Nothing is more nerve wracking than sitting down for the family dinner. The host takes it personally when your child doesn’t eat her food. The adults expect proper table manners from all the children. This is an area where you are just going to have to cut your special needs child and yourself some slack. You simply can’t please everyone. Here are some common dinner situations and suggestions for having an enjoyable meal with the relatives.
The picky eater
This child generally behaves at the table but refuses to eat and may comment on not liking the food. If this is your child, bring a side dish that you know he will like. If, for instance, your child doesn’t like spices added to vegetables, bring your own mashed potatoes so his food can match the meal at the table. Another choice is to feed your child before attending the family gathering. If he doesn’t eat at dinner, you know he had a decent meal earlier in the day.
The child who says, “This food stinks!”
For this child, the food literally stinks. If your child is sensitive to smells, practice ahead of time with polite ways to say the food stinks, without insulting the chef (e.g. “I have a hard time with new smells.” Or “The smell of this food is too much for me.”). Because certain smells can be intolerable, you can have your child eat prior to attending. Then, for just this one night, allow her the chance to find some quiet time in another room while everyone else is eating. If the child is expected to stay at the dinner table, place her at the end or corner of the table so as to be as far away from the food as possible. A big book, opened and sitting on the table in front of her, can help act as a visual and olfactory shield to the offending food items.
If a relative comments about coddling your child, tell them, “Think of the nastiest thing you have ever smelled. Now multiply it by 10. This is what my daughter experiences everyday. We are working through this issue, but not today.”
The fidgety child
This child just can’t sit still at the table. He fidgets the entire time or continues to leave the table. If this is your child, the issue may be that your child’s feet aren’t touching the floor. A simple accommodation is to bring a plastic storage container to put under his feet. Adults also forget how boring adult table conversation can be. Bring some fidget toys to the table or something visually appealing that he can look at while he is eating.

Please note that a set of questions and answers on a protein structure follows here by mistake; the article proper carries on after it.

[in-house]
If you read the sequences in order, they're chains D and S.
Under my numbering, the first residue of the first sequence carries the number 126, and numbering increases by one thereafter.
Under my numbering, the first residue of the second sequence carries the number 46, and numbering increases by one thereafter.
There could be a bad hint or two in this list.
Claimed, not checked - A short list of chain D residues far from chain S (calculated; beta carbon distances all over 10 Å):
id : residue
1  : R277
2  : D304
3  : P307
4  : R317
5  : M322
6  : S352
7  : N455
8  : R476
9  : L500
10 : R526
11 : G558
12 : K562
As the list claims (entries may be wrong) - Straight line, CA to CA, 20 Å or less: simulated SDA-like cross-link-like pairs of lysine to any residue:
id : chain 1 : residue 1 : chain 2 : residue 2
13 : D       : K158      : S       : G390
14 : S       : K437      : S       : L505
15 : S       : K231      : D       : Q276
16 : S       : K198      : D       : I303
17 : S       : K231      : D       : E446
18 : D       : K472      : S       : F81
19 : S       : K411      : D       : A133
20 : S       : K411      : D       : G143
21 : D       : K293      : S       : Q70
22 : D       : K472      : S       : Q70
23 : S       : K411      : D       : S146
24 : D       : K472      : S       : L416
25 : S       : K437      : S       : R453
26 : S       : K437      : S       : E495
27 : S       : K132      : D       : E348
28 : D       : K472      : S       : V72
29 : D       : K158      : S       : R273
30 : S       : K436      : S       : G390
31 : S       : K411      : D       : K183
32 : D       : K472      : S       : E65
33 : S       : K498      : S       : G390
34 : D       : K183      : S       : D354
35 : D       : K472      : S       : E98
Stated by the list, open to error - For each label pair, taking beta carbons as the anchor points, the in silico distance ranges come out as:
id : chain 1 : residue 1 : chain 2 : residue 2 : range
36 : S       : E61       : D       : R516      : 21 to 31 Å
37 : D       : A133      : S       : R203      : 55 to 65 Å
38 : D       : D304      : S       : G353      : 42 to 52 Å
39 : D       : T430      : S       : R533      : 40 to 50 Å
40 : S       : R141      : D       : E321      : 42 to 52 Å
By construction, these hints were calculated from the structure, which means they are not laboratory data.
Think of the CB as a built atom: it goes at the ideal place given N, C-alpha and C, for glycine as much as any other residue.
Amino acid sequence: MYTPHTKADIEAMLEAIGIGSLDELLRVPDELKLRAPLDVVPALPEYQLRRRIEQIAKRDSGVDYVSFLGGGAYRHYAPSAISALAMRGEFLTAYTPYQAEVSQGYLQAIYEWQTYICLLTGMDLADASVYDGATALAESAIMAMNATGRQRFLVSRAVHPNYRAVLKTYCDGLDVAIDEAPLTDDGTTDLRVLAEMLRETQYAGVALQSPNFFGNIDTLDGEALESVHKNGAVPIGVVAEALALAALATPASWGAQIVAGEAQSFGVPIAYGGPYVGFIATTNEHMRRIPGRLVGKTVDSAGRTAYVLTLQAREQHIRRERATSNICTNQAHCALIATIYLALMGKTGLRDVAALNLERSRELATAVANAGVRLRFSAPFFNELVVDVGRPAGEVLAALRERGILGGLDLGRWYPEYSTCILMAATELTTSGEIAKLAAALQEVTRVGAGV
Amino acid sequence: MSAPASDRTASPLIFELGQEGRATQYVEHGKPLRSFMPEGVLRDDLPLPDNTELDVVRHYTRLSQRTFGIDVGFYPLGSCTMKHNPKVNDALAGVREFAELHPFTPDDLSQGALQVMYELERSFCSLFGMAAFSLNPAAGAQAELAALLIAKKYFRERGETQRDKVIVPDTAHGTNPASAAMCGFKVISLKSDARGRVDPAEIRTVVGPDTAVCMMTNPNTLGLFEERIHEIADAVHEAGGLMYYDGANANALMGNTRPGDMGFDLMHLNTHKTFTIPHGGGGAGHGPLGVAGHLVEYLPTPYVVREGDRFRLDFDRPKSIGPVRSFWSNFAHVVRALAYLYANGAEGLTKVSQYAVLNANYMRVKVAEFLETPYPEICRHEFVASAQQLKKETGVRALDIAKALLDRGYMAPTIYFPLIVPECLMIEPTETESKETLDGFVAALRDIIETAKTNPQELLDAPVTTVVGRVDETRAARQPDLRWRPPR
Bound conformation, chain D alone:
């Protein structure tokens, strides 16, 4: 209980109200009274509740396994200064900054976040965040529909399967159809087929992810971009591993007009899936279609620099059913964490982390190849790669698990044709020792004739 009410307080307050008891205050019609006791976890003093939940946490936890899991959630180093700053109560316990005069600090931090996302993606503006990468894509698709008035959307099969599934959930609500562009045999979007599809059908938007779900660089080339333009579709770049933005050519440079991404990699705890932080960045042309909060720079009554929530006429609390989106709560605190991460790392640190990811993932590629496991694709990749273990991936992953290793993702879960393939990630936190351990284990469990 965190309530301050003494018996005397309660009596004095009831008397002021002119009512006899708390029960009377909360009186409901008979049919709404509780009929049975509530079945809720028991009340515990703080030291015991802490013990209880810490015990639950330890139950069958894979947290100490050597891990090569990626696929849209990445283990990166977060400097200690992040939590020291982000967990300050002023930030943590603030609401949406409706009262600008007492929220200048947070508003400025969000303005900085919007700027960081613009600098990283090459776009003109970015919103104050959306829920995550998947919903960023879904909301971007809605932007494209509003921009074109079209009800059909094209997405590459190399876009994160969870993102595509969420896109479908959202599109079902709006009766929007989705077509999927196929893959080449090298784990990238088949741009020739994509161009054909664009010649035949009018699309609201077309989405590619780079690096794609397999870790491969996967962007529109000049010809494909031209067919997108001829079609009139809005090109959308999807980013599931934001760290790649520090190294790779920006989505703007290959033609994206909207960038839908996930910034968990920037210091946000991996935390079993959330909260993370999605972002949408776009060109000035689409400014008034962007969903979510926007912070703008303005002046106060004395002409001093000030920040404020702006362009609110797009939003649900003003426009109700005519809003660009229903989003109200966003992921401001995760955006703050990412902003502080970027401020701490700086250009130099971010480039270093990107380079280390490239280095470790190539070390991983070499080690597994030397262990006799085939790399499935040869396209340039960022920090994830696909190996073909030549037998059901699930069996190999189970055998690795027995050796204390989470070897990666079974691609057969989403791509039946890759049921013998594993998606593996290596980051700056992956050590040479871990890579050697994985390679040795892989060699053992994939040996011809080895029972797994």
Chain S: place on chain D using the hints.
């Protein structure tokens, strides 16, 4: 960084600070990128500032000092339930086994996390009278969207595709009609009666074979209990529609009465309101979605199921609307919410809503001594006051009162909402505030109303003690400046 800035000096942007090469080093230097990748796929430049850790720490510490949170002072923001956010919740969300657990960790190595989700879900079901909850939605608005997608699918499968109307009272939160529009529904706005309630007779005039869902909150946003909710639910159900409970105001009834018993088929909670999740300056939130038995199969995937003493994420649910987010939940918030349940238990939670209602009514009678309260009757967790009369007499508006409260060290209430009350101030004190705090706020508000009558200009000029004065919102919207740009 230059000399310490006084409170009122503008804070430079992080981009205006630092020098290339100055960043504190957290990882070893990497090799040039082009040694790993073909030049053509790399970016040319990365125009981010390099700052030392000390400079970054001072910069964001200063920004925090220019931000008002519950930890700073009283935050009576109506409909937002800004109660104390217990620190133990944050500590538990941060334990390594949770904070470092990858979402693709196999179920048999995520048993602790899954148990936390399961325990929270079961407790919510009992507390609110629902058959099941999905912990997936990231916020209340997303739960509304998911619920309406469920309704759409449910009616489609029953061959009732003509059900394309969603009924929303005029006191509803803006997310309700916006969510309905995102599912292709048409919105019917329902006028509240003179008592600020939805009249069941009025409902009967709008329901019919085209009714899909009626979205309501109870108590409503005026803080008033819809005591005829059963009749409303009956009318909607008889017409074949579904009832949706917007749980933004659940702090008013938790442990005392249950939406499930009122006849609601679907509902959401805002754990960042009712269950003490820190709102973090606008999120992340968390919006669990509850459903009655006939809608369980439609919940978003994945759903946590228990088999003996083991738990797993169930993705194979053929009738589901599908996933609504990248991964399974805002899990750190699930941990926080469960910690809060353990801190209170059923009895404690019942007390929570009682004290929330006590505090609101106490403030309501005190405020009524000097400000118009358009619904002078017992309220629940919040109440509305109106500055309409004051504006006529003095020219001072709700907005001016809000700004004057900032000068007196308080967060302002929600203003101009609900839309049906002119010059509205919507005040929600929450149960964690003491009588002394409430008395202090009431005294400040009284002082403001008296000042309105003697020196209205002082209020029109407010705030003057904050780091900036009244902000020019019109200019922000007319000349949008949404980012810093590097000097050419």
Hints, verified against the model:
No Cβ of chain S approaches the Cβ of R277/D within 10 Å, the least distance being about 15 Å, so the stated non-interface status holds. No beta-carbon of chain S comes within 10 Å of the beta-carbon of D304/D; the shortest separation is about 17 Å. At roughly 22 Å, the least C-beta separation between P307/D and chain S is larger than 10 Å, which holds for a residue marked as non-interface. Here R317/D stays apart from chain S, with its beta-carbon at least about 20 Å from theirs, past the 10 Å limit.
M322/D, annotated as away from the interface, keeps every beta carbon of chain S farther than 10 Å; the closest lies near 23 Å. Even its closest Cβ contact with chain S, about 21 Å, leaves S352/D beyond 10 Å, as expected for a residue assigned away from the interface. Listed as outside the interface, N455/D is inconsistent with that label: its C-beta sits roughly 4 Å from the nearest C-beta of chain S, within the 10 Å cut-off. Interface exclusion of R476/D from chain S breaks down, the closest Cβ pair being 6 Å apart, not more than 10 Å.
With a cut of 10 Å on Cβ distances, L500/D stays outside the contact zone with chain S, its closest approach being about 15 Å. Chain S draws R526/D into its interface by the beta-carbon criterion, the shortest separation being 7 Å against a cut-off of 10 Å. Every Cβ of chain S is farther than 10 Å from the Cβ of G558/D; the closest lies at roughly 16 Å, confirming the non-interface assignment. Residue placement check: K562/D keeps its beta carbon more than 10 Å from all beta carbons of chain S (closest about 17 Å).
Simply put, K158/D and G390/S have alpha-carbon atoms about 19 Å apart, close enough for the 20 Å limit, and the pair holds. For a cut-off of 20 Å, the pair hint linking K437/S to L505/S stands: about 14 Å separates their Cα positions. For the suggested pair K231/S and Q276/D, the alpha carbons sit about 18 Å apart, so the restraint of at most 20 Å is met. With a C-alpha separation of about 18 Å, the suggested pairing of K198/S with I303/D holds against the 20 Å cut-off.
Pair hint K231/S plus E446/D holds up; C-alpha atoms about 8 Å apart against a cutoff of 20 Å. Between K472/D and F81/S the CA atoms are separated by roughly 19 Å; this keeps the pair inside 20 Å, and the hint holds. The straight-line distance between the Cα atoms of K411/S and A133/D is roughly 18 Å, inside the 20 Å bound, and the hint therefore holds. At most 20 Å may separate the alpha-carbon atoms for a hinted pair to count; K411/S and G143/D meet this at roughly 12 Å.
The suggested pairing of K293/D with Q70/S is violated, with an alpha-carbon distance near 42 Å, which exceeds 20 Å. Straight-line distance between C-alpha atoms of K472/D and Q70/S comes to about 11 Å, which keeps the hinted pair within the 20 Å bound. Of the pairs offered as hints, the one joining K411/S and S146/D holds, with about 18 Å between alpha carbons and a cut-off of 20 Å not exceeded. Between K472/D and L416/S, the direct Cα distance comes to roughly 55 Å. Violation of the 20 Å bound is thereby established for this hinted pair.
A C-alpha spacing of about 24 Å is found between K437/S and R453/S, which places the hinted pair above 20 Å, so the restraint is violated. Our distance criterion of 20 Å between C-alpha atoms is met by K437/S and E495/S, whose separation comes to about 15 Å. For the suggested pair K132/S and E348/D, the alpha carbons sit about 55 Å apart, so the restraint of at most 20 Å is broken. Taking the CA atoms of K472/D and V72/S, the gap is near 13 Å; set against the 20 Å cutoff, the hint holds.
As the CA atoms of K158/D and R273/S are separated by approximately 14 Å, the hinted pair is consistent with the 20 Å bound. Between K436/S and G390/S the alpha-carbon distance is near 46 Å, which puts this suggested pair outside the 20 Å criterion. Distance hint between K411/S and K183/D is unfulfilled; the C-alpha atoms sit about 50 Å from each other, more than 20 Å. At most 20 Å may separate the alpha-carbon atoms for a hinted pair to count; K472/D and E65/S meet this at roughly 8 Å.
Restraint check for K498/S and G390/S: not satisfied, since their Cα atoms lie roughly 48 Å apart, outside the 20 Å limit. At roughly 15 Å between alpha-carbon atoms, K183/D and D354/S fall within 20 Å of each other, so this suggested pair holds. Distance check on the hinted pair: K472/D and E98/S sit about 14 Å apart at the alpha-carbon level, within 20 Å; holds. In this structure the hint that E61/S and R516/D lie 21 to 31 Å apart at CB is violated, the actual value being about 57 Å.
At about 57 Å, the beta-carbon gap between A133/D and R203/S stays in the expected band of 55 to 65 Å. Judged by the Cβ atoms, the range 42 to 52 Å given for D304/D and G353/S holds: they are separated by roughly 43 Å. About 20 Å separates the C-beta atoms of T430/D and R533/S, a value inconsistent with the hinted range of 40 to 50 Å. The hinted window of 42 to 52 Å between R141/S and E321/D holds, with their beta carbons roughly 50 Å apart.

If moving in and out of the chair is disruptive to family members, have your child eat at the beginning of the meal. Then ask him to be a helper. He can walk around the table with a basket of rolls to see if anyone wants one.
The slow eater
This child eats one pea at a time and is the last one to leave the table. Fine motor deficits may make it difficult to use utensils properly. If this is your child, you may ask the host if your son can start eating ahead of time. Or snack on one food item that is ready early. This will help even out the time. Eating slowly is usually not an issue unless the host needs to dismantle the table to make room for guests. If that is the case, make sure you seat your child at a regular table. As a last resort, move your child and his dish to another table so he can finish his meal.
The child with outbursts
Some children are nonverbal but may loudly hum or shriek unexpectedly. Others have uncontrolled repetitive movements or vocal tics. Here you are dealing with relatives who may be uncomfortable sitting at the same table with your child. Educating family members about your child’s particular disability can prove helpful in this situation. Focus on how much it means to your child to sit with the family.
You - “Johnny gets mean comments from other kids at the lunch table and is embarrassed by his verbal tics. He’s really looking forward to having a dinner where he’s not judged by everyone.”
You - “I know that Mary’s sounds can be disconcerting to others. But because she’s nonverbal, those sounds are her way of expressing joy at being here with everyone.”
The overstimulated child
The sights, smells and sounds at the dinner table may simply be overwhelming for this child. Once again, having a quiet area for your child during dinner time is a simple accommodation. If a quiet place is not possible, try bringing distraction items. An iPod, favourite book, portable game system or DVD player can help your child focus. It is more socially acceptable for your child or teen to “tune out” with these items than to negatively act out in someone’s home. As a last ditch effort, the bathroom can always provide a moment of sanctuary.
The child with a feeding tube
This is a sensitive subject for relatives who may be uncomfortable or squeamish about the feeding tube. If you normally tube feed your child at the dinner table, you may wish to discuss this with your relatives and see if they have any objections. An option would be to tube feed your child ahead of time and then come back to sit at the table and socialize with relatives (also allowing you time to eat). Since many social gatherings revolve around food, ask your older child if she is comfortable watching others eat. If this is a source of sadness, you may wish to attend the family gathering after the dinner portion of the evening has been completed.
Remember the most important aspect of the festive season is being together! Don’t lose sight of this as a family. Truthful, heartfelt communication goes a long way in achieving this! Happy Holidays!!!